The Time Tunnel

The beginning_b.

History of an amazing machine

George Boole


Self-taught British mathematician who gave scientific respectability to Gottfried Leibniz's idea that one and zero could express all mathematical ideas, thus laying the foundation for modern higher algebra, Boole proposed a form of logic (now known as Boolean algebra) using two digits: 1 to represent something and 0 to represent nothing or to lack of something. This idea and the ability to place logic underneath mathematics in the form of true and false statements, would be instrumental in development of circuitry, computation and digital computers.

Augusta Ada King


English thinker who helped Charles Babbage with the difference and analitical engines without formal education and in a time when women generally did not study mathematics. She was best known for tranlating from french to English a report on a lecture Babbage gave. She added her own lengthy note to the text and has been credited with developing the concepts of "loop" and "subroutine." Babbage said she explained the machine much better than he did and seemed to understand it better. Some have called her the first world's programmer, but others believe she clarified and analized Babbage's ideas rather than adding anything original. King, born Augusta Ada Byron, was the only legitimate child of the poet Lord Byron, although she never met him. Ada, the department of defense's programming language, is named for her.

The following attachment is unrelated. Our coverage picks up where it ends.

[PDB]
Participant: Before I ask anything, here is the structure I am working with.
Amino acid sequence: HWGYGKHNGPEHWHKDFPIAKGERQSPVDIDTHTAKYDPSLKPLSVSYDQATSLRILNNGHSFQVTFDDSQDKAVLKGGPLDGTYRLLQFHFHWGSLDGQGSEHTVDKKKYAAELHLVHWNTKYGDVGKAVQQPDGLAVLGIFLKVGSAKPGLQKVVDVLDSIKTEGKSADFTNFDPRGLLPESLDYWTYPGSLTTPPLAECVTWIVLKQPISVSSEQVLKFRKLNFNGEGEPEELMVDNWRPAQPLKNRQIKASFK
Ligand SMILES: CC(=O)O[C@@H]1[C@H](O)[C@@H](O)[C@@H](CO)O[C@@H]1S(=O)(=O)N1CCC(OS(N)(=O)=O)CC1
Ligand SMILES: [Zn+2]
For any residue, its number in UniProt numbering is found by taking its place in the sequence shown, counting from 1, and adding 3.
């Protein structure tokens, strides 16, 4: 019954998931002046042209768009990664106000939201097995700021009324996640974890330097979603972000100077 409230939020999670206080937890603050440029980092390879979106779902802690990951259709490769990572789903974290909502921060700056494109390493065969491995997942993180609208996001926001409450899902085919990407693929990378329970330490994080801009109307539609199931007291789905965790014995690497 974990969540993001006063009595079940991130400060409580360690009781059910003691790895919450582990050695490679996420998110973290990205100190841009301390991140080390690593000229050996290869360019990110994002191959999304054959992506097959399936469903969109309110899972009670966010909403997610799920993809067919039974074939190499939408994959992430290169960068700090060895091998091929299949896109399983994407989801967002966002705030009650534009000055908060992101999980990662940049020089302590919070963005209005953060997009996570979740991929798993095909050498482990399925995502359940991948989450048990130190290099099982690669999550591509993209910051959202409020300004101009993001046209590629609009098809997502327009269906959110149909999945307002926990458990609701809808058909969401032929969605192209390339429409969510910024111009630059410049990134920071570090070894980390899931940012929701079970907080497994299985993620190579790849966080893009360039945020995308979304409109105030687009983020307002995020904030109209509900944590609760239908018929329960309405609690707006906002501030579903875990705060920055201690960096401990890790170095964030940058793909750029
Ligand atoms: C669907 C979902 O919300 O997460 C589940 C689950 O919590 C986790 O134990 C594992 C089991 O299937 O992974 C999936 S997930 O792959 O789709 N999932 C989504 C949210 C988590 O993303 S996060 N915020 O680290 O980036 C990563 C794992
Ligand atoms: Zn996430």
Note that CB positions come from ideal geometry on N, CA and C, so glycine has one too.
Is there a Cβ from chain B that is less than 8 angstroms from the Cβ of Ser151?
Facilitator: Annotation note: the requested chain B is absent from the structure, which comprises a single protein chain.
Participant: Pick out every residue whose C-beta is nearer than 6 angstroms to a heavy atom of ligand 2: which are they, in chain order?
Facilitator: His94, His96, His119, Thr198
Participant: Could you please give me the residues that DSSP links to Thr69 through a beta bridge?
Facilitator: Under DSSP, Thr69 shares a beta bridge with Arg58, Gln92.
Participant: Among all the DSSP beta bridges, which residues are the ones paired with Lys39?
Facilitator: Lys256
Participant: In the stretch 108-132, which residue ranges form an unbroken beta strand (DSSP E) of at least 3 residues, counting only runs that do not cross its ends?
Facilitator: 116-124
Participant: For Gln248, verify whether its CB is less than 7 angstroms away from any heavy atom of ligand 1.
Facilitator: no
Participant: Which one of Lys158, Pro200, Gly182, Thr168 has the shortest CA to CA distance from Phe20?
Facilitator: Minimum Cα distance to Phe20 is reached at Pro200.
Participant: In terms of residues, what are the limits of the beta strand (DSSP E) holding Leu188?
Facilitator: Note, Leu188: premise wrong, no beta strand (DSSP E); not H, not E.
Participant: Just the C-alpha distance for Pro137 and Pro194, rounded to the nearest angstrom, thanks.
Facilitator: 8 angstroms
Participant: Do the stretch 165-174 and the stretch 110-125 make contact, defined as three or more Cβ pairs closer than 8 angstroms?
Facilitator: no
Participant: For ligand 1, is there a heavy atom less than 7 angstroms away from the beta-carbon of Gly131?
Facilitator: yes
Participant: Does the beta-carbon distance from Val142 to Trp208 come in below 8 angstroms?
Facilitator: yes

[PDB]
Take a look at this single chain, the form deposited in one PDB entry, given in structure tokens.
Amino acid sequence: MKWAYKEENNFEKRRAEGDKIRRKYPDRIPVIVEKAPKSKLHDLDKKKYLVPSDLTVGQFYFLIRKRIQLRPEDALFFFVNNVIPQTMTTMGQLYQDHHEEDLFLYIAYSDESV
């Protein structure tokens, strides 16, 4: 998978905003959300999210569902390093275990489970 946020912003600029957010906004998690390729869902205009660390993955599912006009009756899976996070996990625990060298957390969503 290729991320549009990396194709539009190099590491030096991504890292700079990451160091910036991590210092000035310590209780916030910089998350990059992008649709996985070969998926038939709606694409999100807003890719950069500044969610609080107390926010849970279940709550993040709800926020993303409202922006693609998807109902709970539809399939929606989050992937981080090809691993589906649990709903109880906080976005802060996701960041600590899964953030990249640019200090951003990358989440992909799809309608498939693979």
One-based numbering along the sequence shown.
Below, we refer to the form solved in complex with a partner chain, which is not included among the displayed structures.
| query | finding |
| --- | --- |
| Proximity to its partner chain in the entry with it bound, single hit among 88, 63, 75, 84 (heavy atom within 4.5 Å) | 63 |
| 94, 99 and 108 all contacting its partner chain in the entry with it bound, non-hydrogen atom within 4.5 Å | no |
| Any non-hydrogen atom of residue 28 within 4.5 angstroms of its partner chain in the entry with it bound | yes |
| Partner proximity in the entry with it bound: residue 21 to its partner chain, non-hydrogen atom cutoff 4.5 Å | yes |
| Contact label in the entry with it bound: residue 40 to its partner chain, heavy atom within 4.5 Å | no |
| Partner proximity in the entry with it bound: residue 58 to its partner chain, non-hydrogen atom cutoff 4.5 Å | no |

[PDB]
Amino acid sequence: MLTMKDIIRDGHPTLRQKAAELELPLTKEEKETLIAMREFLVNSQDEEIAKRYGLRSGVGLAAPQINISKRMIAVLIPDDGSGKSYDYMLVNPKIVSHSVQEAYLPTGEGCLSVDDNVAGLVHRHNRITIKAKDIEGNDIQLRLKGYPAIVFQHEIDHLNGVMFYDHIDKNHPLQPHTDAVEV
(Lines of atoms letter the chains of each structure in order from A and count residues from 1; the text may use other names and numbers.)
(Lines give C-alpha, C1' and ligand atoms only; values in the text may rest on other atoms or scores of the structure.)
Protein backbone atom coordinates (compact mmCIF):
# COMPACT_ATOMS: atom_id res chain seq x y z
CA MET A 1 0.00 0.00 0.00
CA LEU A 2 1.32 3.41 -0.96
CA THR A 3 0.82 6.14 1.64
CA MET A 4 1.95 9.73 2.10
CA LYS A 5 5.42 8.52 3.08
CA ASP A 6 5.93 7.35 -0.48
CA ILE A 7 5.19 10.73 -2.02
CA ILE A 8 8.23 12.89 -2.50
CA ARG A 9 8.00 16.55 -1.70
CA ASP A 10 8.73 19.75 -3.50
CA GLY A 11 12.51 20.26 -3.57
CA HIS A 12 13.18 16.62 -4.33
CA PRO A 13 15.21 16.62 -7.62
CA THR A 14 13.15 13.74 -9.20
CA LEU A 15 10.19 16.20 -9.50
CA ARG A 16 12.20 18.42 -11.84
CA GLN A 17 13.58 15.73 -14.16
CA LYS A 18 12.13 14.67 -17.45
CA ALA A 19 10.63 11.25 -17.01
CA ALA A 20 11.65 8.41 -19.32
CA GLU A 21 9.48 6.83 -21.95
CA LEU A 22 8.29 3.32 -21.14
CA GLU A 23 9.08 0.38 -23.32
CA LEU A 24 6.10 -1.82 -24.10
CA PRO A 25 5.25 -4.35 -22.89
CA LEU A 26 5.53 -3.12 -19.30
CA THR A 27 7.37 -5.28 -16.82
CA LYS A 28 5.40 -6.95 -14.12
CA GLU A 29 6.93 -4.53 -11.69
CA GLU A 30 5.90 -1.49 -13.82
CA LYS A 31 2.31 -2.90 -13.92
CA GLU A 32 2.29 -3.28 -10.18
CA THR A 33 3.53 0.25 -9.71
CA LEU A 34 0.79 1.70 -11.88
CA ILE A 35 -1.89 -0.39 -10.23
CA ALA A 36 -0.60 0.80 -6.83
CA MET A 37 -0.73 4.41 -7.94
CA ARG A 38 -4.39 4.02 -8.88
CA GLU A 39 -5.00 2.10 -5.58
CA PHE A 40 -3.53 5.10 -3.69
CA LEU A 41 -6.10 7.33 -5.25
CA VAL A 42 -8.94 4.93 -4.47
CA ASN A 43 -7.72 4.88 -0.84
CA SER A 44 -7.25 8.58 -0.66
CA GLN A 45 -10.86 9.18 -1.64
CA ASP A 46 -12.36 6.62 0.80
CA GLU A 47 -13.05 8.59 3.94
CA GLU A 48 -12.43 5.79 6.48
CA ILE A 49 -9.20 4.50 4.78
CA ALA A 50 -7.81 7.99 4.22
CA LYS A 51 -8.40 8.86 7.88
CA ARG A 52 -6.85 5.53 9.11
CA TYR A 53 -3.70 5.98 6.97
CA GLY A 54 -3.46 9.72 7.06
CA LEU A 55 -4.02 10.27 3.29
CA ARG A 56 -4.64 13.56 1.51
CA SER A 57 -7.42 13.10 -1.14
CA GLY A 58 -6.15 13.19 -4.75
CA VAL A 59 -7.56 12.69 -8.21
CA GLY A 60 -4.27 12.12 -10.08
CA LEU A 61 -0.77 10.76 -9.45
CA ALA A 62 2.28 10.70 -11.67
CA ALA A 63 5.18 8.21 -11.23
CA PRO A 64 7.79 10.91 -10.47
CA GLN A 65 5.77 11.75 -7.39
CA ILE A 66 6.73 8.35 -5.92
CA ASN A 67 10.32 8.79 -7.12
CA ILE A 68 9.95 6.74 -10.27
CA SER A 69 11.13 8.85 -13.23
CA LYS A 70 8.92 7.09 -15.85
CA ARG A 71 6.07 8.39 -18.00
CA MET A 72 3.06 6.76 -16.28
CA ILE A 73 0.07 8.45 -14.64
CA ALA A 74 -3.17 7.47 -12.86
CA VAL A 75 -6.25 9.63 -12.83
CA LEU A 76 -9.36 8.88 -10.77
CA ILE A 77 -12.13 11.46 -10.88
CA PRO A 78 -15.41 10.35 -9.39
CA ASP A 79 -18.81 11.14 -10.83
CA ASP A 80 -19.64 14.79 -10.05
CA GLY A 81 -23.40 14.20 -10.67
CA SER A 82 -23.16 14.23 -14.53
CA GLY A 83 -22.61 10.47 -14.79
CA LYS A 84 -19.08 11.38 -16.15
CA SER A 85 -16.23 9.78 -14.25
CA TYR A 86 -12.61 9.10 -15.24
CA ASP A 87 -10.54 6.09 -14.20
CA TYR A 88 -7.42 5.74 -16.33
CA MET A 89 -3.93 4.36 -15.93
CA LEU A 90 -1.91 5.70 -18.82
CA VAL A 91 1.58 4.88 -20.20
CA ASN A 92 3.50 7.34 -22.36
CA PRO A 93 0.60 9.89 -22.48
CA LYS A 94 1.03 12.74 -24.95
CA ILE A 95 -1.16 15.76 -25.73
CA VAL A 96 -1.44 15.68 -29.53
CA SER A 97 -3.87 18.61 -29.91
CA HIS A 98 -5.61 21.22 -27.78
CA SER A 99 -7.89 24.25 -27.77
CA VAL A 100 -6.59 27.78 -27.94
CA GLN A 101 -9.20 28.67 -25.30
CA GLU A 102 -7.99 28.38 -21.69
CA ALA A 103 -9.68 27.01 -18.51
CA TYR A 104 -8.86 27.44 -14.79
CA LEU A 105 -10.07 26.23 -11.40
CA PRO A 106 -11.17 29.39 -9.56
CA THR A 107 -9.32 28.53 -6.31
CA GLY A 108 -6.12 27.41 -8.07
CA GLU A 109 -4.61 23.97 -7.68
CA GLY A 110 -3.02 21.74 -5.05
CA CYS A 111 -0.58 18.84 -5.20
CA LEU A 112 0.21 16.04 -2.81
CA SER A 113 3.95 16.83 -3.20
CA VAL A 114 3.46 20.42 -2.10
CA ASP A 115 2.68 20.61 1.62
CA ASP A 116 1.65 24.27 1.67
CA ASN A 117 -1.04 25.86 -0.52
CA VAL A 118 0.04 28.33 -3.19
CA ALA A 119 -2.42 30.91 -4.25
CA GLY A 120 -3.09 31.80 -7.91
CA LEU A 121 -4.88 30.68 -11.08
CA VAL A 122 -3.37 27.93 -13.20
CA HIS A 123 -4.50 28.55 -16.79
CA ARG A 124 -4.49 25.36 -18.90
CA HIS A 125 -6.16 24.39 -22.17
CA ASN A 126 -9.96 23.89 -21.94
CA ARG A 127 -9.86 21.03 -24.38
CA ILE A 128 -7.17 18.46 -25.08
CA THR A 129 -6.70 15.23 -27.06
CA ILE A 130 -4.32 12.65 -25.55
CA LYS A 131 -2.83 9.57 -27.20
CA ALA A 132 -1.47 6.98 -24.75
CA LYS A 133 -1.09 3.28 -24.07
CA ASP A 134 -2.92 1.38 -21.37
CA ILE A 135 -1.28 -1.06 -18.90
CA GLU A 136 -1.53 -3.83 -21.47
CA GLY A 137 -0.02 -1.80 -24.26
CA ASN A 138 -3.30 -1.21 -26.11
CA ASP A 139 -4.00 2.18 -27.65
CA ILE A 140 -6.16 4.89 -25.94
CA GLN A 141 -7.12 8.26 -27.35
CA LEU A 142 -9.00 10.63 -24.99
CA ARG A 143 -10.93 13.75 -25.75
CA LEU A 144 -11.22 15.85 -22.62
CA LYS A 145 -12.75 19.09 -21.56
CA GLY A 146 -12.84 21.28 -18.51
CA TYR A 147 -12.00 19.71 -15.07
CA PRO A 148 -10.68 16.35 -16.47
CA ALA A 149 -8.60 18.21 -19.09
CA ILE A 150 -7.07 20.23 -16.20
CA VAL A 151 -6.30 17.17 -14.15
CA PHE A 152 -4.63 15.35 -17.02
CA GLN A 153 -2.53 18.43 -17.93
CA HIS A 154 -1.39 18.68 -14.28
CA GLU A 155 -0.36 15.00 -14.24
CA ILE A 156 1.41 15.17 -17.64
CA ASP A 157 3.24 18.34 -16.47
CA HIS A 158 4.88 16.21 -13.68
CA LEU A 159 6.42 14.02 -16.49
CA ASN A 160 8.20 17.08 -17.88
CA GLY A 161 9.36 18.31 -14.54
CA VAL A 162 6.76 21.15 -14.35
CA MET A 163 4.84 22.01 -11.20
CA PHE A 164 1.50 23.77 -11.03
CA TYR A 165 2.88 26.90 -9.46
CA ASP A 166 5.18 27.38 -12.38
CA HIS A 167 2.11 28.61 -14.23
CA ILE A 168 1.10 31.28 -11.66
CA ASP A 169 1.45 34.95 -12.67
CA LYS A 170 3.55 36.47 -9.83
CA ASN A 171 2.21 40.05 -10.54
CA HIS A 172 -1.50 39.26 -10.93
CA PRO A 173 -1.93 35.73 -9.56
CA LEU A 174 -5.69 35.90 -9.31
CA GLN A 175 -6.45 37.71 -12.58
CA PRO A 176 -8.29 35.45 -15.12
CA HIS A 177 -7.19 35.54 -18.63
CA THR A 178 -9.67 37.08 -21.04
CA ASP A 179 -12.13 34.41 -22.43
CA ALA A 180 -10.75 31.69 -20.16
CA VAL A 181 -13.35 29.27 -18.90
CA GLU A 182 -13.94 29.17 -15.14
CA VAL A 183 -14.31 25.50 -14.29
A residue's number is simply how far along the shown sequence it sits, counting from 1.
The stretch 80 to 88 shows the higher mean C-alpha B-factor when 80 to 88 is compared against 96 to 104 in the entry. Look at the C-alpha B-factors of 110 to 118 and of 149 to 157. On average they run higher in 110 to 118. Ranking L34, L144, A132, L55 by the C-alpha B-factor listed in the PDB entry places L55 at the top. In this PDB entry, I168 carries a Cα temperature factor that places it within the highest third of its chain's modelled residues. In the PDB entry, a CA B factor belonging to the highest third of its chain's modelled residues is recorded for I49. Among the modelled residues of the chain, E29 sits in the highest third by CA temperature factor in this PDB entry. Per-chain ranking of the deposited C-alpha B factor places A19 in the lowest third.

Frank Stephen Baldwing


Created the first properly constructed variable-toothed gear about 1875 in the United States, at the same time willgodt Odhner was making a similar one in Europe. The gear, which was reliable, small and easy to use, resulted in a breakthrough in the calculating machine industry. Baldwin patented a mechanical calculation machine in 1873 and went into business with Jay Randolph Monroe. Unfortunately for Baldwin, the machines produced beginning in 1911 became known as Monroe calculators.

Willgodt Odhner


A Swede working in Russia who created the first properly constructed variable-toothed gear in Europe in about 1875, at the same time Frank Baldwin was making a similar one in the United States. The gear, which was reliable, small and easy to use, resulted in a breakthrough in the calculating machine industry.

William S. Burroughs


New york born inventor who, after working in a bank, was so appalled by the inaccuracies of hand accounting that he created and patented a printing adding machine in 1888. With the financial support of some St. Louis businessmen, he created the American arithmometer company. Either because the 50 machines he made didn't sell or didn't meet his standard, he dropped them out a two story window, one by one, in 1889, but a redesigned version he patented the next year was an astonishing success. By 1913 (years after he died from tuberculosis), his company dominated the office equipment market.

Herman Hollerith


1890. The Hollerith tabulator tabulated statistic with punch cards.